In an unpublished manuscript, Bolton has written that the president asked him during an Oval Office meeting in early May to bolster his effort to get Ukraine to investigate Democrats, according to a person who read the passage and told The Associated Press. The person, who was not authorized to disclose contents of the book, spoke only on condition of anonymity.
In the meeting, Bolton said the president asked him to call new Ukrainian President Volodymyr Zelenskiy and persuade him to meet with Trump's personal lawyer, Rudy Giuliani, who was planning to go to Ukraine to coax the Ukrainians to investigate the president's political rivals. Bolton writes that he never made the call to Zelenskiy after the meeting, which included acting chief of staff Mick Mulvaney and White House Counsel Pat Cipollone.
The revelation adds more detail to allegations of when and how Trump first sought to influence Ukraine to aid investigations of his rivals that are central to the abuse of power charge in the first article of impeachment.
The story was first reported on Jan. 31 by The New York Times.
Trump issued a quick denial.
"I never instructed John Bolton to set up a meeting for Rudy Giuliani, one of the greatest corruption fighters in America and by far the greatest mayor in the history of NYC, to meet with President Zelenskiy," Trump said. "That meeting never happened."
Key Republican senators said even if Trump committed the offenses as charged by the House, they are not impeachable and the partisan proceedings must end.
"I didn't need any more evidence because I thought it was proved that the president did what he was charged with doing," retiring GOP Sen. Lamar Alexander of Tennessee, a late holdout, told reporters on Jan. 31 at the Capitol. "But that didn't rise to the level of an impeachable offense."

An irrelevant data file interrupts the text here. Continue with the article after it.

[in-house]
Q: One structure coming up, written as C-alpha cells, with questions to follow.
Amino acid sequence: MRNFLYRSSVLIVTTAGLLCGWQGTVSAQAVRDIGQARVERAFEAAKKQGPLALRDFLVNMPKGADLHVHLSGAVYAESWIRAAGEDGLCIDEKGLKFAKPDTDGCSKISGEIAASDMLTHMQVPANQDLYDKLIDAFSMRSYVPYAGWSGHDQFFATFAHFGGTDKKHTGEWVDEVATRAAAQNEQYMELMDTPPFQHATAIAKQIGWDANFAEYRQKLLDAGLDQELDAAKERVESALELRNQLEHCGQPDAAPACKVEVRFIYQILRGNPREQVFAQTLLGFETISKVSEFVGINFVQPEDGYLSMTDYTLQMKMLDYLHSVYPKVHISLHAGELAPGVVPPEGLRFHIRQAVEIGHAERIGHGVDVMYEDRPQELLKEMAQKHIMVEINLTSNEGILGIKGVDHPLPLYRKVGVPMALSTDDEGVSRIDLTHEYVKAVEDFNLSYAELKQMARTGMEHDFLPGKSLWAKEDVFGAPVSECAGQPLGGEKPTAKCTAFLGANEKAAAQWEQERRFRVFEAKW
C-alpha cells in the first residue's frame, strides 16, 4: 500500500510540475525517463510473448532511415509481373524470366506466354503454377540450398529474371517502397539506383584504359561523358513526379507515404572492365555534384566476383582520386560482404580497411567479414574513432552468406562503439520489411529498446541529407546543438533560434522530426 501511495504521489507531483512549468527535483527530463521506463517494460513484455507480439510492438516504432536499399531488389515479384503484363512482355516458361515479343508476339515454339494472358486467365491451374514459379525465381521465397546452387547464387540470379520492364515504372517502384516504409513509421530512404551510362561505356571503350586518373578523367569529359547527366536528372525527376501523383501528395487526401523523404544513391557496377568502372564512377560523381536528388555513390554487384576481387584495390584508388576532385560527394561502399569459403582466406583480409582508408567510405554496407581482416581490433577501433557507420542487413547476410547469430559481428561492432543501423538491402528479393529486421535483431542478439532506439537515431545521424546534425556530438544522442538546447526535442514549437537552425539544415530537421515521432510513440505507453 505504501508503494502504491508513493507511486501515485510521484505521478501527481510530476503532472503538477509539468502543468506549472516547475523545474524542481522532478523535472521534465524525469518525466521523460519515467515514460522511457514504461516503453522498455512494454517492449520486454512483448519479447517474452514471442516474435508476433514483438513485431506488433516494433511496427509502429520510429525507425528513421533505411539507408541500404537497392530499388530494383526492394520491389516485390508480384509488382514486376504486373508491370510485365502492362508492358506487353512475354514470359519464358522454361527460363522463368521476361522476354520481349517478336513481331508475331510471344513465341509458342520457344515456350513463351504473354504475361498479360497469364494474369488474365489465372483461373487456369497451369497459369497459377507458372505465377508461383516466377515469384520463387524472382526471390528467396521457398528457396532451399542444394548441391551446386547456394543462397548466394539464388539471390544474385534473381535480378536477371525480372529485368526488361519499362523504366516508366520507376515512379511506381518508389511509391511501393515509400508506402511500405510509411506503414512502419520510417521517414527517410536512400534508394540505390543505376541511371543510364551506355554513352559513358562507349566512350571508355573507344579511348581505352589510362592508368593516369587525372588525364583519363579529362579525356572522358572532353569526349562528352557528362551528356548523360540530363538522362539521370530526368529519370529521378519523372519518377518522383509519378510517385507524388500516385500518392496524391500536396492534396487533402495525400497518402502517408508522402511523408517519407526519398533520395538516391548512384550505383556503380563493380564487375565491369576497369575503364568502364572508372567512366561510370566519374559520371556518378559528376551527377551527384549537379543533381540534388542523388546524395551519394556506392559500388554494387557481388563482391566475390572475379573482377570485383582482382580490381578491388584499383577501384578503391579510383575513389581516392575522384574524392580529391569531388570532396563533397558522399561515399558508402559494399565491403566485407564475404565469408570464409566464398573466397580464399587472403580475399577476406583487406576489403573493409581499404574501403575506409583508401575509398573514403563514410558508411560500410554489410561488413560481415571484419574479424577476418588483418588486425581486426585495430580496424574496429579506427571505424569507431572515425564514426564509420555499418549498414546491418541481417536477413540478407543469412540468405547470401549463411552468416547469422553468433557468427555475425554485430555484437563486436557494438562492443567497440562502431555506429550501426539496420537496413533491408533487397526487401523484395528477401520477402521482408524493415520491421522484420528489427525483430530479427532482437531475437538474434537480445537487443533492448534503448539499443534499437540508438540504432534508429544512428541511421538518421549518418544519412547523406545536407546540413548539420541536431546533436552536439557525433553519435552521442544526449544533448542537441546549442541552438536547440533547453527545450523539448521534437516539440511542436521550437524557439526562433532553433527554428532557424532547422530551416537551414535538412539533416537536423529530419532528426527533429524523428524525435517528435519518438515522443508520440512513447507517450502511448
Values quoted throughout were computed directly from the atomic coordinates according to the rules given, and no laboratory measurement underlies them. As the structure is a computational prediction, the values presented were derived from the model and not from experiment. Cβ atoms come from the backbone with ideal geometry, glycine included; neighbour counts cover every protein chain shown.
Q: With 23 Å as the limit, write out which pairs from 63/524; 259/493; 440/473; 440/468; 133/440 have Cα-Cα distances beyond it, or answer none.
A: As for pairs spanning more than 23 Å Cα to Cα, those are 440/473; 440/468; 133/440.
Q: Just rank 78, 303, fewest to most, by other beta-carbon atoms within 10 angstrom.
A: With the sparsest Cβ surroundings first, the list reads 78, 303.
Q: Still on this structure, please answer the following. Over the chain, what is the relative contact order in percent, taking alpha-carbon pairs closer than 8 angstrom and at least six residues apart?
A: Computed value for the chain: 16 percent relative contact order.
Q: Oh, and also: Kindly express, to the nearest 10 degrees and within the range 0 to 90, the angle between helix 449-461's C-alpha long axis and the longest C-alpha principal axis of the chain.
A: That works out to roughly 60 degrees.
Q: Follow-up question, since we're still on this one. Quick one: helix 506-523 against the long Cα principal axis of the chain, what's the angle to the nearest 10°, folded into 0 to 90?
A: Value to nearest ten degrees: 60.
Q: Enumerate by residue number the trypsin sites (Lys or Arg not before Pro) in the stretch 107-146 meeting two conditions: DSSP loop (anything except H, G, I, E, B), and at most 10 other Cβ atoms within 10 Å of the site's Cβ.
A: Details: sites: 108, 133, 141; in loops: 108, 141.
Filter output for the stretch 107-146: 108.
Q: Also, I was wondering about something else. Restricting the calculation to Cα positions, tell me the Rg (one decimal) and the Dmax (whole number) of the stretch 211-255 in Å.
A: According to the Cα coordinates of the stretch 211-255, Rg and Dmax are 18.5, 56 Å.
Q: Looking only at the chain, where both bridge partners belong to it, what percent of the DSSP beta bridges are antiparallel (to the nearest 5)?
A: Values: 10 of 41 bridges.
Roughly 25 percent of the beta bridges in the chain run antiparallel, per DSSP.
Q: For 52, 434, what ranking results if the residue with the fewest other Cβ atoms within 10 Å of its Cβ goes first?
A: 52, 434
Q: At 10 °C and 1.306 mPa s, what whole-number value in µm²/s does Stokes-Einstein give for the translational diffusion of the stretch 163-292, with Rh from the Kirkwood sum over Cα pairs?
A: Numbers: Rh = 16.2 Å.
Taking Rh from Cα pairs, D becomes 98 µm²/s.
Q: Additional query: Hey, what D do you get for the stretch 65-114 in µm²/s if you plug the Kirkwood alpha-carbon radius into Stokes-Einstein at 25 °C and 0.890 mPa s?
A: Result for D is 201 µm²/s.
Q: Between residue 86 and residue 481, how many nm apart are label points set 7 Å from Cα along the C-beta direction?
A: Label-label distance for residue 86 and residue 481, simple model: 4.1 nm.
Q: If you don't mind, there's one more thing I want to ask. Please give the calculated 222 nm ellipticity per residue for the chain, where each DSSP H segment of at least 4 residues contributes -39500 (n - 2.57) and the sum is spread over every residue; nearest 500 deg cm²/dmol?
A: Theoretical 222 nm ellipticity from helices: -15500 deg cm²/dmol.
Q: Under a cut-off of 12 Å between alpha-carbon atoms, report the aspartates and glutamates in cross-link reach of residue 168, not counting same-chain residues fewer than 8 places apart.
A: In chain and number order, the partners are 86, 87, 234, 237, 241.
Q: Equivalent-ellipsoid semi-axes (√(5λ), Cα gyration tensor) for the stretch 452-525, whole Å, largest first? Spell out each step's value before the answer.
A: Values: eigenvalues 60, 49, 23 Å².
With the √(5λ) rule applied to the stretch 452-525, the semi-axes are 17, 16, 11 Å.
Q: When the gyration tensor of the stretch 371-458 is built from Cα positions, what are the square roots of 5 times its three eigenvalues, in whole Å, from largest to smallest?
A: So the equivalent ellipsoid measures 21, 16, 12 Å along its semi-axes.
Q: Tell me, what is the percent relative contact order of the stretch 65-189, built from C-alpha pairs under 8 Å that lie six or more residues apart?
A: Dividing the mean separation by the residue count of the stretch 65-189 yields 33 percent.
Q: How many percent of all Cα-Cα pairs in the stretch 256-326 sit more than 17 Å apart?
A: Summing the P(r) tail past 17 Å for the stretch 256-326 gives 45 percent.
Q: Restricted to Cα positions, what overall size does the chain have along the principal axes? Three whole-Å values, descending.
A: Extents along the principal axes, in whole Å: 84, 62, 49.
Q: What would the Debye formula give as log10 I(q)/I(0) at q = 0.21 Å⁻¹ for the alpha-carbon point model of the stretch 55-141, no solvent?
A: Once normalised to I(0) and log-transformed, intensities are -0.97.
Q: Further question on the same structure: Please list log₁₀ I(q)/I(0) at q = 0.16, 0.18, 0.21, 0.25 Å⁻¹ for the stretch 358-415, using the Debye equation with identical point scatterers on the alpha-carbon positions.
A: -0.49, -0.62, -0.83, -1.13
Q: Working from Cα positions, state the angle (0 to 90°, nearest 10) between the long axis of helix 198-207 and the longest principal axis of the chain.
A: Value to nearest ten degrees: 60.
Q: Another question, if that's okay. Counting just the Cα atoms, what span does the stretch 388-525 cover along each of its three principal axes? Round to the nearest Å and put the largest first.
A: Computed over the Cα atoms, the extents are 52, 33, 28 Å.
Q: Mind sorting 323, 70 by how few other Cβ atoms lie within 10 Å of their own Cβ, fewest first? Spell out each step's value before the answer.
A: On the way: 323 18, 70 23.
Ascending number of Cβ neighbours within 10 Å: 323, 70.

Republican Sen. Lisa Murkowski of Alaska said she, too, would oppose more testimony in the charged partisan atmosphere, having "come to the conclusion that there will be no fair trial in the Senate." She said, "The Congress has failed."
Eager for a conclusion, Trump's allies nevertheless suggested the shift in timing to extend the proceedings into next week, acknowledging the significance of the moment for senators who want to give final speeches.
To bring the trial toward a conclusion, Trump's attorneys argued the House had already heard from 17 witnesses and presented its 28,578-page report to the Senate. They warned against prolonging it even further. The House impeached Trump largely along party lines after less than three months of formal proceedings, making it the quickest, most partisan presidential impeachment in U.S. history.
Some senators pointed to the importance of the moment.
"What do you want your place in history to be?" asked one of the House managers, Rep. Jason Crow, D-Colo., a former Army Ranger.
To hear more witnesses, it would have taken four Republicans to break with the 53-seat majority and join with all Democrats in demanding more testimony. But that effort fell short.
Chief Justice John Roberts, in the rare role presiding over the impeachment trial, could break a tie, but that seemed unlikely. Asked late on Jan. 31, he told senators it would be "inappropriate."
Murkowski noted in announcing her decision that she did not want to drag the chief justice into the partisan fray.
As protesters chanted outside the Capitol, some visitors watched from the Senate galleries.
Bolton's forthcoming book contends he personally heard Trump say he wanted military aid withheld from Ukraine until it agreed to investigate the Bidens. Trump denies saying such a thing.
The White House has blocked its officials from testifying in the proceedings and objected that there are "significant amounts of classified information" in Bolton's manuscript. Bolton resigned last SeptemberTrump says he was fired and he and his attorney have insisted the book does not contain any classified information.